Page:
Europe • Brexit: A Holiday-Makers Guide

So you were about to book your summer holiday and then came the referendum? Or perhaps you took advantage of RyanAir’s Sale, which urged all those on the airline’s mailing list to vote ‘remain’ to keep our beloved low-cost airlines well, low cost! Either way, what happens next is the question on everyones lips. Whether it be British holiday-makers itching to head to The Med for their annual dose of continental culture, or whether you were planning on making a trip to Great Britain, you’re probably worrying that it’s about to get more complicated post-brexit.

Flights:  Since 1994, the EU has provided ‘Open Skies’ or to you and I, a policy that allows EU airlines to freely fly from one destination to another and ta-da… Low-cost flights! However, all isn’t lost if a negotiation is made within the European Economic Area. Norwegians, for example, don’t pay over-the-odds for flights just because they aren’t in the EU and theoretically, as London is such a universal hub, we shouldn’t need to worry about such negotiations being made. Some budget airlines might need to have a sit-down though. It is possible for EU countries to become protective of their own airlines, making their air-space more expensive to British airlines and cheaper for their own. So, if you’re flying to France for example, it could end up cheaper to fly with Air France. Make sure you shop around.

Using Phones Abroad: For EU customers, excessive roaming charges from mobile-providers were limited by the government and in fact, before the referendum, charges for phone use abroad were again limited even more-so by the government. Now, it’s almost impossible for the UK government to allow phone-companies to charge an un-capped amount for usage abroad just because we’re out of the EU. Therefore, by June 2017 these charges will be completely wiped, so whether Britain are in or out of the EU, calls, texts and data-roaming will not cost you an extra penny. Hurray!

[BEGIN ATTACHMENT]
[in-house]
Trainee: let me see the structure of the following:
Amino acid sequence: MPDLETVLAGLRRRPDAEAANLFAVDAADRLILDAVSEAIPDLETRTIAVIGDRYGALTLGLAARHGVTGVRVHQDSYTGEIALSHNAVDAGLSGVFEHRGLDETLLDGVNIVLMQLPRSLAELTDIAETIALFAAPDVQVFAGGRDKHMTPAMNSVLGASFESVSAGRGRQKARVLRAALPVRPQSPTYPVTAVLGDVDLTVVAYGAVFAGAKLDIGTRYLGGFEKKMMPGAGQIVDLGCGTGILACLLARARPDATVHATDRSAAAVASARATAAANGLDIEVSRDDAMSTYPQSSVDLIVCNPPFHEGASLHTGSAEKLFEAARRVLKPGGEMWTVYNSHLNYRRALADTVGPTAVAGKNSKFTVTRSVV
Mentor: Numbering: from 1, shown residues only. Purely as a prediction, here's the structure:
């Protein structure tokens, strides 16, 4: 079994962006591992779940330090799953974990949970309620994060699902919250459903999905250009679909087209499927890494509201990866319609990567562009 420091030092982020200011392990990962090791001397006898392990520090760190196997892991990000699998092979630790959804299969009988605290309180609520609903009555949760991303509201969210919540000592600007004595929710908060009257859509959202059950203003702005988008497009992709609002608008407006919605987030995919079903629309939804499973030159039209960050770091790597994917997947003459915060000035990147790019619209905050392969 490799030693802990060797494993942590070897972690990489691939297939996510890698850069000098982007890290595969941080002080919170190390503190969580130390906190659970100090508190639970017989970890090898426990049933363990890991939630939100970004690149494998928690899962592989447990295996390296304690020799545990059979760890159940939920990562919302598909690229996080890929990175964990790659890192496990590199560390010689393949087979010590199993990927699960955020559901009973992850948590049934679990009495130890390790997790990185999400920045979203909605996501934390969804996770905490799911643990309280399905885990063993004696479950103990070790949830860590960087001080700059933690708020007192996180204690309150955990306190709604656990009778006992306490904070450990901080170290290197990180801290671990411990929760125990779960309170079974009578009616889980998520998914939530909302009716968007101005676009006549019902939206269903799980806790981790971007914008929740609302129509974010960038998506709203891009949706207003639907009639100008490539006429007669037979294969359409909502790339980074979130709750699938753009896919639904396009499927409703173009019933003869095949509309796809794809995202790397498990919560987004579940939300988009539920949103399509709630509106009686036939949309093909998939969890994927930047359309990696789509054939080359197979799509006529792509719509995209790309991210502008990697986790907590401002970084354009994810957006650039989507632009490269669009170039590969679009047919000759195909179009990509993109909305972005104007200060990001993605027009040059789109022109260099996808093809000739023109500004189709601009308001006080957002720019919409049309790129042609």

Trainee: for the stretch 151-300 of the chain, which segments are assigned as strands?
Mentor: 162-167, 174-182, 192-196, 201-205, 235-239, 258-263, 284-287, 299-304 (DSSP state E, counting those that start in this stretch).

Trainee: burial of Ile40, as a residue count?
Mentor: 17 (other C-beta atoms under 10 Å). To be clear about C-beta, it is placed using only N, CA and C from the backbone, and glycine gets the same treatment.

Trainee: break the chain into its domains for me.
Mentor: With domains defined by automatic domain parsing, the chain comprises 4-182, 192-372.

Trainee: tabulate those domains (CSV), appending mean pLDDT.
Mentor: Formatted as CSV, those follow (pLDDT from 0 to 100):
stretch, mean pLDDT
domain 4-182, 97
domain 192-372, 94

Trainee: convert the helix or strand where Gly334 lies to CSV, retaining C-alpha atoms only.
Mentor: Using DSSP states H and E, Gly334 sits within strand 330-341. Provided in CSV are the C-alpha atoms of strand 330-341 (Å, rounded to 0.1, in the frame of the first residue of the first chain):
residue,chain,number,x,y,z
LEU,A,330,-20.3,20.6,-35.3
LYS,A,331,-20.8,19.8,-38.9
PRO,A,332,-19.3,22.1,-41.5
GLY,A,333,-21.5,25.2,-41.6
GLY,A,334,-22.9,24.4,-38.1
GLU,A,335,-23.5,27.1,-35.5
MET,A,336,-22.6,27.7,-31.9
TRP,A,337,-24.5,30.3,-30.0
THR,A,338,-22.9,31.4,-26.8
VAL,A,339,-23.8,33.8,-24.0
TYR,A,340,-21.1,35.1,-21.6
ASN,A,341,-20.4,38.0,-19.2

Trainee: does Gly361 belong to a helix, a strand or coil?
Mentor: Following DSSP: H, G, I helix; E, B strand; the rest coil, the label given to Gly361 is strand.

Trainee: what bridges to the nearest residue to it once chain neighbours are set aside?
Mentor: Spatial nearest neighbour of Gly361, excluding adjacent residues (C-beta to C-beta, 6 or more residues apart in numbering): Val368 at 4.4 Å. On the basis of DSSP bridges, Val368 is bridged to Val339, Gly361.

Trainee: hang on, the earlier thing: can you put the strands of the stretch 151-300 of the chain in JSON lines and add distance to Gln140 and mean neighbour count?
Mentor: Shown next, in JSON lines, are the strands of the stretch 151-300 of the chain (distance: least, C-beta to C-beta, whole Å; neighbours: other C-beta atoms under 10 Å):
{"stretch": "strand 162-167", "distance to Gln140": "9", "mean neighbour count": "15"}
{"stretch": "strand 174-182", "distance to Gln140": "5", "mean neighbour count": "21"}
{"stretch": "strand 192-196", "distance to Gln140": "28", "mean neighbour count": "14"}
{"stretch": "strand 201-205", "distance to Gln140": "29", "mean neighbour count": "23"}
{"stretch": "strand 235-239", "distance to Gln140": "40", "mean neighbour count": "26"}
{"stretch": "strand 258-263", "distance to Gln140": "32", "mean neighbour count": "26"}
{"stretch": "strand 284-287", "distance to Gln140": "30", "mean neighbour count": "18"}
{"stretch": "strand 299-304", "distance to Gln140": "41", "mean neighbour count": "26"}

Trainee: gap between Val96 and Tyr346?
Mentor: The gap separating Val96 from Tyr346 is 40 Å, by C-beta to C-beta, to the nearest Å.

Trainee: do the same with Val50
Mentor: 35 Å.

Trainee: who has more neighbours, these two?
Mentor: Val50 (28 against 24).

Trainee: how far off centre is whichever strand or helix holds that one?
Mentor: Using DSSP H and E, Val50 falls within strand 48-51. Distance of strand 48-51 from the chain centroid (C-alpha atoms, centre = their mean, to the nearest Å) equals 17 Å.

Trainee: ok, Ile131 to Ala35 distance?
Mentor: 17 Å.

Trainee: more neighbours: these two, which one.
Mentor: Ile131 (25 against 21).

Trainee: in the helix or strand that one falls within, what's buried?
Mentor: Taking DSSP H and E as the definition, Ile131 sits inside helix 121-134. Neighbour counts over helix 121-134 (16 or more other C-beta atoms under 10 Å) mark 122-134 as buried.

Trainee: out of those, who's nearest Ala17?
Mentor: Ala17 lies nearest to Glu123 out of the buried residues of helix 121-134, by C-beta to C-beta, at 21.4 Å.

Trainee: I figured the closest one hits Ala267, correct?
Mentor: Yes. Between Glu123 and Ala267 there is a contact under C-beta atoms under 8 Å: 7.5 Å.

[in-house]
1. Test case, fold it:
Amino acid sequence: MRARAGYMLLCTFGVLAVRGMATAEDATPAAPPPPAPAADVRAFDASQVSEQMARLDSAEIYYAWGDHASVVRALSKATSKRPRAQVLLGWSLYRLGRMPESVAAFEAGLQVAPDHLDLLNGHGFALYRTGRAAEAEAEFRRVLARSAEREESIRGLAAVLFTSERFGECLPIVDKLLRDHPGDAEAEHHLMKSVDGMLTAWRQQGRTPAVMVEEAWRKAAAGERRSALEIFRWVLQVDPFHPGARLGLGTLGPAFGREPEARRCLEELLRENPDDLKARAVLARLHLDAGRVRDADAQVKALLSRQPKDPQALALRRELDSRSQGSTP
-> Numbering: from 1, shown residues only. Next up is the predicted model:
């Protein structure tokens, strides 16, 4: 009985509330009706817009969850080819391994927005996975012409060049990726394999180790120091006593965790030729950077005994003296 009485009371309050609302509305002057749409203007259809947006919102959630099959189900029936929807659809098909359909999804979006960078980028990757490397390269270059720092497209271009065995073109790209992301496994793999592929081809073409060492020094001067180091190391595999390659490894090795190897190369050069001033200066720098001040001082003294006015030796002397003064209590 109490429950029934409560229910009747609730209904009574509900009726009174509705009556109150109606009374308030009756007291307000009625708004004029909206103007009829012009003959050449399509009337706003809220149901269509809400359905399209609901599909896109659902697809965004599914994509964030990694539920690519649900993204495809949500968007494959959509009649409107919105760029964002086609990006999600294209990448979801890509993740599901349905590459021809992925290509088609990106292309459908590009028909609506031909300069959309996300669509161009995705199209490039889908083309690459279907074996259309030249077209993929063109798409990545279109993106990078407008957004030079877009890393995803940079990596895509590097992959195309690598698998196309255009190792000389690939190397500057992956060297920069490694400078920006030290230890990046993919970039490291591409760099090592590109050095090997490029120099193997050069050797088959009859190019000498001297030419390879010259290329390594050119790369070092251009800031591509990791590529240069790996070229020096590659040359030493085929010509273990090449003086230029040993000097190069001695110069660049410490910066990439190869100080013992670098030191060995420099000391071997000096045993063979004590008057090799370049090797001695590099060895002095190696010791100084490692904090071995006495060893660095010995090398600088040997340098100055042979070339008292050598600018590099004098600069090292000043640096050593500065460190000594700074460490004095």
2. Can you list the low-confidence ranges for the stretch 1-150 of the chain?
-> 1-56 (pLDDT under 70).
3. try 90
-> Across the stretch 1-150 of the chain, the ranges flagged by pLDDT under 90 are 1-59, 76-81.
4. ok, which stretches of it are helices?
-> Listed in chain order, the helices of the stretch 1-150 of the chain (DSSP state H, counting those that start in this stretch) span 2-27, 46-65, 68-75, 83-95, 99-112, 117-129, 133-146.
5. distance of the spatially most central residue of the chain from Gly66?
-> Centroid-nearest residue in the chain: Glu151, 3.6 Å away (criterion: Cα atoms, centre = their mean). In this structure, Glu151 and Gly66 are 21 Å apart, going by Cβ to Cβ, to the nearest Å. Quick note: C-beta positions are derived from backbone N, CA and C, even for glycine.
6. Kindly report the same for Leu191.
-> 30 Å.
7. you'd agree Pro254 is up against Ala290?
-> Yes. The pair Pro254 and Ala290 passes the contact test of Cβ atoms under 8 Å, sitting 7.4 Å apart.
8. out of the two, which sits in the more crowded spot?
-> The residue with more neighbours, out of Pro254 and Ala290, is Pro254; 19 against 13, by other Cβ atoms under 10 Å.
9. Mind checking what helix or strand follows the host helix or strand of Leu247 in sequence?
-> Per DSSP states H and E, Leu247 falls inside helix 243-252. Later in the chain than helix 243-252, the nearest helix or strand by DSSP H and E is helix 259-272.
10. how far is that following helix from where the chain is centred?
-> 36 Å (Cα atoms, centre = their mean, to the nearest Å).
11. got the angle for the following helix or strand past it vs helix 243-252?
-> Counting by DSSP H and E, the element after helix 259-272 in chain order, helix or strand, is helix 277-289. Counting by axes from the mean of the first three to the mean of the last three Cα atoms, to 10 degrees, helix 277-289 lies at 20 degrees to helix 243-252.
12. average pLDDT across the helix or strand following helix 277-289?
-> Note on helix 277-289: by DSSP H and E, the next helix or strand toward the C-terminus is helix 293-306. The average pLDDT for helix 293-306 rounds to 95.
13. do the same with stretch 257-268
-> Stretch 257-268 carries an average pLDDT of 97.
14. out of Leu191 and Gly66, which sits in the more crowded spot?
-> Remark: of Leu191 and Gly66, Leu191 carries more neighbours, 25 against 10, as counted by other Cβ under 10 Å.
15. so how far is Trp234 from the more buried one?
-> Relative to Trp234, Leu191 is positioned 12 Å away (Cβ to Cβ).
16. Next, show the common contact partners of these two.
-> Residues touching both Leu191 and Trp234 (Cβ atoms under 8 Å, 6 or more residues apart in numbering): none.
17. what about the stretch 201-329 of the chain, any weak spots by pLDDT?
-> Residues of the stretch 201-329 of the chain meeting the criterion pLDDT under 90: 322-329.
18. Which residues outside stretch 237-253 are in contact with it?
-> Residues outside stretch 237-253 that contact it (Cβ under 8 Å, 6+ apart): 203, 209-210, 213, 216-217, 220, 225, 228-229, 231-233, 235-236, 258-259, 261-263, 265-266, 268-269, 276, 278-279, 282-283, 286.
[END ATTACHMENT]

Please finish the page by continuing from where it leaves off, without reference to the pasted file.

Visas and Border Control: Many suggested solemnly that you’ll need to camp outside the embassy before you book your all-inclusive to Marbella or that mini-break to London. It’s a scary thought but as the UK has the second largest number of holidaying tourists in Europe (second to Germany, of course) in turn, the excess of what we spend abroad is more than what we earn from foreign tourists! So, it would seem slightly bizarre for the UK governments to create tougher treatment at the border, create visa applications, and thus, put tourists off spending here, with such a large tourism deficit. The suggestion that governments of EU countries would single out British tourists for tougher treatment is also unlikely, as the money Britons spend here is so rife. Some also argued that instead of travelling on an ID card around the EU, you’d need your passport, but how many people really risk travelling passport-free these days anyway? So no fear, the queues might take a little longer, but as always, just remember to pack your passport. 

Other Issues: For those considering visiting the UK, with a weaker pound, holiday makers from other countries will receive more Stirling for their currency, making the UK cheaper to visit. More tourism in the UK? Maybe. However, it’s good news and bad news for those who stock up in duty-free. Bad news is that those limits elsewhere in the world will be imposed on the UK (only 200 cigarettes and 1 litre of spirit)! Nonetheless, once the UK leave, proper ‘duty-free’ will return: currently any airline promoting ‘duty-free’ when travelling within the EU isn’t technically providing zero duty on anything! On the other hand, Brits better not spend too much on goods, because they’ll be filling their cars with special Stirling priced petrol… no taking advantage of that cheap EU gas anymore.

Despite various anxieties and scaremongering, we must now progress with the right attitude and make the best of the situation summing up all the pros and cons, which far exceed the number I’ve mentioned here. Don’t let Brexit ruin your summer holiday, just be a Smart Traveller: shop around, consider additional spends in currency exchange, and expect longer airport queues. Easy.

Photo Credit: Gary Knight

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